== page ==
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Plot of one cycle of a sinusoidal function. The phase for each argument value, relative to the start of the cycle, is shown at the bottom, in degrees from 0° to 360° and in radians from 0 to .

In physics and mathematics, the phase of a periodic function of some real variable is the relative value of that variable within the span of each full period.

The phase is typically expressed as an angle , in such a scale that it varies by one full turn as the variable goes through each period (and goes through each complete cycle). Thus, if the phase is expressed in degrees, it will increase by 360° as increases by one period. If it is expressed in radians, the same increase in will increase the phase by .[1]

This convention is especially appropriate for a sinusoidal function, since its value at any argument then can be expressed as the sine of the phase , multiplied by some factor (the amplitude of the sinusoid). (The cosine may be used instead of sine, depending on where one considers each period to start.)

Usually, whole turns are ignored when expressing the phase; so that is also a periodic function, with the same period as , that repeatedly scans the same range of angles as goes through each period. Then, is said to be "at the same phase" at two argument values and (that is, ) if the difference between them is a whole number of periods.

The numeric value of the phase depends on the arbitrary choice of the start of each period, and on the interval of angles that each period is to be mapped to.

The term "phase" is also used when comparing a periodic function with a shifted version of it. If the shift in is expressed as a fraction of the period, and then scaled to an angle spanning a whole turn, one gets the phase shift, phase offset, or phase difference of relative to . If is a "canonical" function for a class of signals, like is for all sinusoidal signals, then is called the initial phase of .

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Mathematical definitionEdit

Let   be a periodic signal (that is, a function of one real variable), and   be its period (that is, the smallest positive real number such that   for all  . Then the phase of   at any argument   is

 

Here   denotes the fractional part of a real number, discarding its integer part; that is,  ; and   is an arbitrary "origin" value of the argument, that one considers to be the beginning of a cycle.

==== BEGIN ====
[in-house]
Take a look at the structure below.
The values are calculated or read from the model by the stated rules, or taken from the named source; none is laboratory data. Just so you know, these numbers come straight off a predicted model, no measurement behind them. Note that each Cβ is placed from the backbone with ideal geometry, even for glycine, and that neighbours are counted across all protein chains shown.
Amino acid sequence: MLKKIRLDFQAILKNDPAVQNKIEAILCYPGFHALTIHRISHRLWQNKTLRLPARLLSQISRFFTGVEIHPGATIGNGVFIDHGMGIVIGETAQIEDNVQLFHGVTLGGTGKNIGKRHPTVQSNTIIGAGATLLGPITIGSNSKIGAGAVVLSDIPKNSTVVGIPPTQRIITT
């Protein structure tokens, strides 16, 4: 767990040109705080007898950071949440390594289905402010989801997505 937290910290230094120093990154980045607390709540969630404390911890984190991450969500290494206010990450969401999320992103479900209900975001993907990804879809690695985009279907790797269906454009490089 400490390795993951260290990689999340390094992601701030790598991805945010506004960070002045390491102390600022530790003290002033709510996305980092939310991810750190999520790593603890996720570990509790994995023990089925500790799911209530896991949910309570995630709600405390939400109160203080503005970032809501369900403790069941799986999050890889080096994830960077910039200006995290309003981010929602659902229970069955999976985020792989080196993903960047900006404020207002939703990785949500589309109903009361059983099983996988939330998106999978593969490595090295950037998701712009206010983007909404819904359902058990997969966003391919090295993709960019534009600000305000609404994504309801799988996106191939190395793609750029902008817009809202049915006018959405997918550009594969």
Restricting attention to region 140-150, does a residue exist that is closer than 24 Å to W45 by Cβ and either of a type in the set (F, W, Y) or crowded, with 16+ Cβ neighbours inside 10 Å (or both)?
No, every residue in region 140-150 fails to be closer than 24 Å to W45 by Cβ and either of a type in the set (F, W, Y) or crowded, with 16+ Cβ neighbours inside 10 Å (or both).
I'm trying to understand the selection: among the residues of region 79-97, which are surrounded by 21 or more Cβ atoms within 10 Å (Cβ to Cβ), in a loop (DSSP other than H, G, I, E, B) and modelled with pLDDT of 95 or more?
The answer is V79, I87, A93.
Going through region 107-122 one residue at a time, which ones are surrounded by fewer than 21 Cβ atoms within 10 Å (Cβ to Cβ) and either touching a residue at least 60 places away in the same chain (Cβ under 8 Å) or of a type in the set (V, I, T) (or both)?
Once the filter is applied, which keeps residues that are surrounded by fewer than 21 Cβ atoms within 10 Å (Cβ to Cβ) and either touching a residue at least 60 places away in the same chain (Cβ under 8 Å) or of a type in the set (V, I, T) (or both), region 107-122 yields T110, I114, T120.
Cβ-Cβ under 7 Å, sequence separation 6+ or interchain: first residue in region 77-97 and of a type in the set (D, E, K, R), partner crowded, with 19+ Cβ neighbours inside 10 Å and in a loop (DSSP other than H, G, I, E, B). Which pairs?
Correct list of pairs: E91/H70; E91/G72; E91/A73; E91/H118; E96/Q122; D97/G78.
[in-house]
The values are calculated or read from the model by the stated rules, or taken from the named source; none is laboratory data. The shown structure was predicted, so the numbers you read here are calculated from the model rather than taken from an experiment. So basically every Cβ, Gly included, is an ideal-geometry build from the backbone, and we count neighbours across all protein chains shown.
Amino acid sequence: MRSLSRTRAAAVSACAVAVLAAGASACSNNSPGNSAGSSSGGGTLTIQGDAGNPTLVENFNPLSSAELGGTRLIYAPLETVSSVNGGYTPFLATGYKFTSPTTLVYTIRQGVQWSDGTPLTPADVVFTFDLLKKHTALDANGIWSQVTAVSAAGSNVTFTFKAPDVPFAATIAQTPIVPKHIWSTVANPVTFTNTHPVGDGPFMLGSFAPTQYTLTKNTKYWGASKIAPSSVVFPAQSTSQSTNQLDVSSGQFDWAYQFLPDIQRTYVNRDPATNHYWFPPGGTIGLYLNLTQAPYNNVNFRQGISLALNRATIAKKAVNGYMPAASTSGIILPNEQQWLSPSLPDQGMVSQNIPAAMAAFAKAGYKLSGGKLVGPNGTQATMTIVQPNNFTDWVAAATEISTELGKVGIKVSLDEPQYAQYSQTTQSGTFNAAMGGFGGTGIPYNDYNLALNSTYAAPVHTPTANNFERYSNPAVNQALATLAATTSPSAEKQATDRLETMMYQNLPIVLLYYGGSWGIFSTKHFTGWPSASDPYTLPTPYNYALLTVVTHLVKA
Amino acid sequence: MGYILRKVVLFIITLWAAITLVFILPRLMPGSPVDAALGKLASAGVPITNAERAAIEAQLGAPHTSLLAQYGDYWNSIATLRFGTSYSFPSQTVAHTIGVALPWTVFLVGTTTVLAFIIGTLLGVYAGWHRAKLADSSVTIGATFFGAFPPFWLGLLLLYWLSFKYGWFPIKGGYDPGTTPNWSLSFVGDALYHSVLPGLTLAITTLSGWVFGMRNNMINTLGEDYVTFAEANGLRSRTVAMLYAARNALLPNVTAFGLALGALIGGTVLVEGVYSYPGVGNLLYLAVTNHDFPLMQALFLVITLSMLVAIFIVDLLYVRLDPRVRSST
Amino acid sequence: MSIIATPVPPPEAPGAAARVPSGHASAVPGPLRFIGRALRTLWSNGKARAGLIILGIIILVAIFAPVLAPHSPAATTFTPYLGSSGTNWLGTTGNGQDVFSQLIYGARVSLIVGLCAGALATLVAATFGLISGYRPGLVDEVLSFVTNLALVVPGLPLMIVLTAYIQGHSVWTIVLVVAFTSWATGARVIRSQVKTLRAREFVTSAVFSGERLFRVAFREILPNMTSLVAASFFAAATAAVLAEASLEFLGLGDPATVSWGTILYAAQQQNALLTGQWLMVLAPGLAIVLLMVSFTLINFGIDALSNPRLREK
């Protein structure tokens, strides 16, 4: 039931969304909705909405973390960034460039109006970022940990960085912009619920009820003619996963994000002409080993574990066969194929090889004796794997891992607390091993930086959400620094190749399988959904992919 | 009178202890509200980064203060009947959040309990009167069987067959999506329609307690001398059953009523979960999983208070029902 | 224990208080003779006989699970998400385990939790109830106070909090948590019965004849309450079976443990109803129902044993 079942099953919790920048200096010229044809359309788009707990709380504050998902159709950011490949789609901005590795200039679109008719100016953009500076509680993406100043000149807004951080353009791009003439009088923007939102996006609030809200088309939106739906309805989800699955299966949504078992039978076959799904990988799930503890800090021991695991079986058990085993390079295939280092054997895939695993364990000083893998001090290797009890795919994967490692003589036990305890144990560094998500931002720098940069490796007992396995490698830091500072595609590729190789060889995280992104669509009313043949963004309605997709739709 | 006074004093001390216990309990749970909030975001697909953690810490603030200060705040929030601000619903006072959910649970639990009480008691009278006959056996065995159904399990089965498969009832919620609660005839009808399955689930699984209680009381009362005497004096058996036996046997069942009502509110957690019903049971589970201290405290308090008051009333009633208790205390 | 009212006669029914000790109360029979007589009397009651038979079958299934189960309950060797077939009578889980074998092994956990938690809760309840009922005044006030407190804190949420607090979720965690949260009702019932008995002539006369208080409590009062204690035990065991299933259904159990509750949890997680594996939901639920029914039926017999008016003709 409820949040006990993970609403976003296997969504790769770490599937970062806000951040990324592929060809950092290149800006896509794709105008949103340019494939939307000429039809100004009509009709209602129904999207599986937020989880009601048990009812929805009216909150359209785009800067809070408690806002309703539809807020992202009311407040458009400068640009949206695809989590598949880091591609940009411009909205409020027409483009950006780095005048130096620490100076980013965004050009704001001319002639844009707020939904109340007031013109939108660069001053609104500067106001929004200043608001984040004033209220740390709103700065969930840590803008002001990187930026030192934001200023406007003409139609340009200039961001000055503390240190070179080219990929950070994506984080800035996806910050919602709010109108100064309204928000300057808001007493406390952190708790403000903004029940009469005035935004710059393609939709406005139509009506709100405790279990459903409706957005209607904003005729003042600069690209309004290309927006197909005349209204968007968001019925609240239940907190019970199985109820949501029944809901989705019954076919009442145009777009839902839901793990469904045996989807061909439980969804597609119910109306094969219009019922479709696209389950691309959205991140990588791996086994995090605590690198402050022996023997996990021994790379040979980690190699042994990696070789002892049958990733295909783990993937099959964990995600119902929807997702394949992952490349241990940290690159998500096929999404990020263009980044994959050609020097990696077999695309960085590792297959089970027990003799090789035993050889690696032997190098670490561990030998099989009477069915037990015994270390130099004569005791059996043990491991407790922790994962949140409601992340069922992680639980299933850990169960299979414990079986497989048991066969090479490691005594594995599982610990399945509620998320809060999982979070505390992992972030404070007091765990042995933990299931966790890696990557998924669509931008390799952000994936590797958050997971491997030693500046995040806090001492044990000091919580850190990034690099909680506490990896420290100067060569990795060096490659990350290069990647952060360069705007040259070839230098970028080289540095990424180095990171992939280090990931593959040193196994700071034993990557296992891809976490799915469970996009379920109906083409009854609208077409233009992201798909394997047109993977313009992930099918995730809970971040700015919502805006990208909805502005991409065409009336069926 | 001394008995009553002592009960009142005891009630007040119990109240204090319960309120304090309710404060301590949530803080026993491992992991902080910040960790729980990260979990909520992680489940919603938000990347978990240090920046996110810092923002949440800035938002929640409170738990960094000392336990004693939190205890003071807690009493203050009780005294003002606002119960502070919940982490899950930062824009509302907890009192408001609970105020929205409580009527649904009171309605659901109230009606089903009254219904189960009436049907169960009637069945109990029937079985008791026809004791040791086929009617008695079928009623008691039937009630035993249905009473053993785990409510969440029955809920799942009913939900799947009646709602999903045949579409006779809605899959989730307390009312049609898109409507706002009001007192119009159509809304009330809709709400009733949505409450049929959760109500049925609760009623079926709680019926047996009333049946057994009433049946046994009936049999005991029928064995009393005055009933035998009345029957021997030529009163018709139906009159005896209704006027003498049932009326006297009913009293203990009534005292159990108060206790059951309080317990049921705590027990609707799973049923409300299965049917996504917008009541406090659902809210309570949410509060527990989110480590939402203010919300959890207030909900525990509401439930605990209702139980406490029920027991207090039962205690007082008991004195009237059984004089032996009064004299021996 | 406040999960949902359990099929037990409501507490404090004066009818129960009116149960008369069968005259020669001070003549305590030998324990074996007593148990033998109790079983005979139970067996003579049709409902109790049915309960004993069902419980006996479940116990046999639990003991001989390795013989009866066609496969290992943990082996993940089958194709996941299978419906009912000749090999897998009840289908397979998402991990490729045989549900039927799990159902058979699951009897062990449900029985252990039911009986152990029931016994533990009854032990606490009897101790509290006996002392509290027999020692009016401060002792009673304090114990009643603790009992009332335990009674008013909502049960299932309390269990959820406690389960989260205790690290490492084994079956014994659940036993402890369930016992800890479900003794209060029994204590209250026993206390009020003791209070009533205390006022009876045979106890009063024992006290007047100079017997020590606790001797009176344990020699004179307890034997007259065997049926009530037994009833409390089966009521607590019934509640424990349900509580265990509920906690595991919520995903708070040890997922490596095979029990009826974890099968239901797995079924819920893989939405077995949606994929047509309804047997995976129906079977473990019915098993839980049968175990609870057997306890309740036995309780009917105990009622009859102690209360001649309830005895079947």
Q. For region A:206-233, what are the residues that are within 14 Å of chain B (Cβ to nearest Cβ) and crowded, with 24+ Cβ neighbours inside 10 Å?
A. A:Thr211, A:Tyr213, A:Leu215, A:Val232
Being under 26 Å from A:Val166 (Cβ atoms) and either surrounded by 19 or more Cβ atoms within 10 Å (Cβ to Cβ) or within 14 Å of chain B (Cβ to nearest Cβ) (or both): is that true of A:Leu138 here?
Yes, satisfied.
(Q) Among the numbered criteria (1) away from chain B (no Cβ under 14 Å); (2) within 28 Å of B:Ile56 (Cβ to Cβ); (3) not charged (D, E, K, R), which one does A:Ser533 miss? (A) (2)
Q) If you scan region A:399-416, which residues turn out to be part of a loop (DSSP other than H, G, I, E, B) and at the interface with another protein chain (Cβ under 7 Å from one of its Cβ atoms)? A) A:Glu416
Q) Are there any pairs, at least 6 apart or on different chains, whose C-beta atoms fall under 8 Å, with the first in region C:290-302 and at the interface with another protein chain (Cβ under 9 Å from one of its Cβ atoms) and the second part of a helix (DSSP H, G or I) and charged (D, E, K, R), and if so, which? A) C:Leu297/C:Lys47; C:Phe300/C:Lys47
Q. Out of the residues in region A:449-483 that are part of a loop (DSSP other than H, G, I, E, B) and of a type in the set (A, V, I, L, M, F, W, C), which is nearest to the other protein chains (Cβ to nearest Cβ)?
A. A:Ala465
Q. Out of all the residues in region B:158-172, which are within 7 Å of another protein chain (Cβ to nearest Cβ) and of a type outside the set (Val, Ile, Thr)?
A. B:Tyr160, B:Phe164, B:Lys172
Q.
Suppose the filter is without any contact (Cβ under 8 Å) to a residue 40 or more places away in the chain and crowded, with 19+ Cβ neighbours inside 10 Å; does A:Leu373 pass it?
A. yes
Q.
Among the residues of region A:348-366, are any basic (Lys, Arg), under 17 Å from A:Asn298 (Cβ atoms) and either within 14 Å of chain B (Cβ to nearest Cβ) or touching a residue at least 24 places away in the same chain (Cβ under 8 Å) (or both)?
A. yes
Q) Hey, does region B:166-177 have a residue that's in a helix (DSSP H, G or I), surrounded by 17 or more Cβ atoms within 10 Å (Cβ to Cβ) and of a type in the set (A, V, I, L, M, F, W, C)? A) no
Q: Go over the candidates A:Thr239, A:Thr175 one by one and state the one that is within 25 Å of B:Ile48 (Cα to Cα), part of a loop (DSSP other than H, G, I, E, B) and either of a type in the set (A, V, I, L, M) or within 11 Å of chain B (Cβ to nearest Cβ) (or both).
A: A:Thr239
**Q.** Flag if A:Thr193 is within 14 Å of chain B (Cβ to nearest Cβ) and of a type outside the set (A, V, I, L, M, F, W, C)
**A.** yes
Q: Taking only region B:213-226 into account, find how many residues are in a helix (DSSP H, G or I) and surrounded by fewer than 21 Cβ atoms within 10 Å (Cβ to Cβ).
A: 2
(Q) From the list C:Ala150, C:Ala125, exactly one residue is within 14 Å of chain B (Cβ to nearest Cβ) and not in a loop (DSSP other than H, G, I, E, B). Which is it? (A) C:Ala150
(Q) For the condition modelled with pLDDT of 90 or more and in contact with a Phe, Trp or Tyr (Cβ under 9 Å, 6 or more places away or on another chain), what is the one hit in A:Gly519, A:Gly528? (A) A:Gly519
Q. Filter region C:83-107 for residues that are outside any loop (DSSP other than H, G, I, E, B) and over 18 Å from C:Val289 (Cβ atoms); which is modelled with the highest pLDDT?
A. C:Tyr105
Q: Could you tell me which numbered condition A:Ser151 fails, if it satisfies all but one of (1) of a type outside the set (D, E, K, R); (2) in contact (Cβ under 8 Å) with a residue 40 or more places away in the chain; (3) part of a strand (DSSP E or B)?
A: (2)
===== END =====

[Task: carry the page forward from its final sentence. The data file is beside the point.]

This concept can be visualized by imagining a clock with a hand that turns at constant speed, making a full turn every   seconds, and is pointing straight up at time  . The phase   is then the angle from the 12:00 position to the current position of the hand, at time  , measured clockwise.

The phase concept is most useful when the origin   is chosen based on features of  . For example, for a sinusoid, a convenient choice is any   where the function's value changes from zero to positive.

The formula above gives the phase as an angle in radians between 0 and  . To get the phase as an angle between   and  , one uses instead

 

The phase expressed in degrees (from 0° to 360°, or from −180° to +180°) is defined the same way, except with "360°" in place of " ".

ConsequencesEdit

With any of the above definitions, the phase   of a periodic signal is periodic too, with the same period  :

  for all  .

The phase is zero at the start of each period; that is

  for any integer  .

Moreover, for any given choice of the origin  , the value of the signal   for any argument   depends only on its phase at  . Namely, one can write  , where   is a function of an angle, defined only for a single full turn, that describes the variation of   as   ranges over a single period.

In fact, every periodic signal   with a specific waveform can be expressed as

 

where   is a "canonical" function of a phase angle in 0 to  , that describes just one cycle of that waveform; and   is a scaling factor for the amplitude. (This claim assumes that the starting time   chosen to compute the phase of   corresponds to argument 0 of  .)

Adding and comparing phasesEdit

Since phases are angles, any whole full turns should usually be ignored when performing arithmetic operations on them. That is, the sum and difference of two phases (in degrees) should be computed by the formulas

  and  

respectively. Thus, for example, the sum of phase angles 190° + 200° is 30° (190 + 200 = 390, minus one full turn), and subtracting 50° from 30° gives a phase of 340° (30 - 50 = -20, plus one full turn).

Similar formulas hold for radians, with   instead of 360.

Phase shift Edit

 
Illustration of phase shift. The horizontal axis represents an angle (phase) that is increasing with time.

General definitionEdit

The difference   between the phases of two periodic signals   and   is called the phase difference of   relative to  .[1] At values of   when the difference is zero, the two signals are said to be in phase, otherwise they are out of phase with each other.

In the clock analogy, each signal is represented by a hand (pointer) of the same clock, both turning at constant but possibly different speeds. The phase difference is then the angle between the two hands, measured clockwise.

The phase difference is particularly important when two signals are added together by some physical process, such as two periodic sound waves emitted by two sources and recorded together by a microphone. This is usually the case in linear systems, when the superposition principle holds.

For arguments   when the phase difference is zero, the two signals will have the same sign and will be reinforcing each other. One says that constructive interference is occurring. At arguments   when the phases are different, the value of the sum depends on the waveform.

For sinusoidsEdit

For sinusoidal signals, when the phase difference   is 180° (  radians), one says that the phases are opposite, and that the signals are in antiphase. Then the signals have opposite signs, and destructive interference occurs.

When the phase difference   is a quarter of turn (a right angle, +90°=  or −90°=270°= ), sinusoidal signals are sometimes said to be in quadrature.